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Solitary waves in a model of dendritic cable with active spines

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posted on 2006-02-16, 14:37 authored by S. Coombes, P.C. Bressloff
We consider a continuum model of dendritic spines with active membrane dynamics uniformly distributed along a passive dendritic cable. Byconsidering a systematic reduction of the Hodgkin-Huxleydy namics that is valid on all but very short time-scales we derive 2 dimensional and 1 dimensional systems for excitable tissue, both of which may be used to model the active processes in spine-heads. In the first case the coupling of the spine head dynamics to a passive dendritic cable via a direct electrical connection yields a model that may be regarded as a simplification of the Baer and Rinzel cable theory of excitable spinynerv e tissue [3]. This model is computationally simple with few free parameters. Importantly, as in the full model, numerical simulation illustrates the possibilityof a traveling wave. We present a systematic numerical investigation of the speed and stability of the wave as a function of physiologically important parameters. A further reduction of this model suggests that active spine-head dynamics mayb e modeled byan all or none type process which we take to be of the integrate-and-fire (IF) type. The model is analytically tractable allowing the explicit construction of the shape of traveling waves as well as the calculation of wave speed as a function of system parameters. In general a slow and fast wave are found to co-exist. The behavior of the fast wave is found to closely reproduce the behavior of the wave seen in simulations of the more detailed model. Importantly a linear stability theory is presented showing that it is the faster of the two solutions that is stable. Beyond a critical value the speed of the stable wave is found to decrease as a function of spine density. Moreover, the speed of this wave is found to decrease as a function of the strength of the electrical resistor coupling the spine-head and the cable, such that beyond some critical value there is propagation failure. Finally we discuss the importance of a model of passive electrical cable coupled to a system of integrate-and-fire units for physiological studies of branching dendritic tissue with active spines.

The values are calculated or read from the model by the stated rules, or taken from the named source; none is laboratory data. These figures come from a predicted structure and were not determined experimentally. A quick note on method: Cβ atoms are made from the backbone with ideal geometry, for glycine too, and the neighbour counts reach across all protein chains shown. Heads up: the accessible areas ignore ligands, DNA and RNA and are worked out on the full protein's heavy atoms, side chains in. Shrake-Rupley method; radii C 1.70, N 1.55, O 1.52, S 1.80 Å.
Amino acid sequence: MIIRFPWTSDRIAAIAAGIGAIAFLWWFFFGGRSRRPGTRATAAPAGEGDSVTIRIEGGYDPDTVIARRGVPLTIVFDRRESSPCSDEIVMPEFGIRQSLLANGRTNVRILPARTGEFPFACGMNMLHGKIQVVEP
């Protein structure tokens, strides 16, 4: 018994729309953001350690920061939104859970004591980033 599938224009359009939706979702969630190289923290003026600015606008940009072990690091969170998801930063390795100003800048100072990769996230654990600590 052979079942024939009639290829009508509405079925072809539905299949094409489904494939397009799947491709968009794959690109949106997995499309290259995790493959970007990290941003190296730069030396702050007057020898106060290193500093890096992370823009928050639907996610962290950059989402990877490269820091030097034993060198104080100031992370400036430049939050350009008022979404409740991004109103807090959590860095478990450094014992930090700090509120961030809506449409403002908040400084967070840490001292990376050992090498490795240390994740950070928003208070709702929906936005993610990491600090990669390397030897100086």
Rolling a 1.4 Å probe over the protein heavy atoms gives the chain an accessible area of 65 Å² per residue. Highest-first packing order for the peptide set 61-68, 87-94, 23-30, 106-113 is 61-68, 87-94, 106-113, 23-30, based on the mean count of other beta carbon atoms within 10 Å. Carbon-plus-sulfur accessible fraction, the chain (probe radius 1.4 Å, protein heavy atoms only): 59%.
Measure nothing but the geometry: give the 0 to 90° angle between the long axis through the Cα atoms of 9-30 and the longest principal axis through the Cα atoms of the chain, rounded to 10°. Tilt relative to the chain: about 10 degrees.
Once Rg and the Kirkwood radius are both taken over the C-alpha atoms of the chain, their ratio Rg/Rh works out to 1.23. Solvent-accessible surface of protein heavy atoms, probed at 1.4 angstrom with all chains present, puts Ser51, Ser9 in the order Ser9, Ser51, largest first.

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This is a pre-print. The definitive version: COOMBES, S and BRESSLOFF, P.C., 2000. Solitary waves in a model of dendritic cable with active spines. SIAM Journal on Applied Mathematics, 61 (2), pp.432-453.


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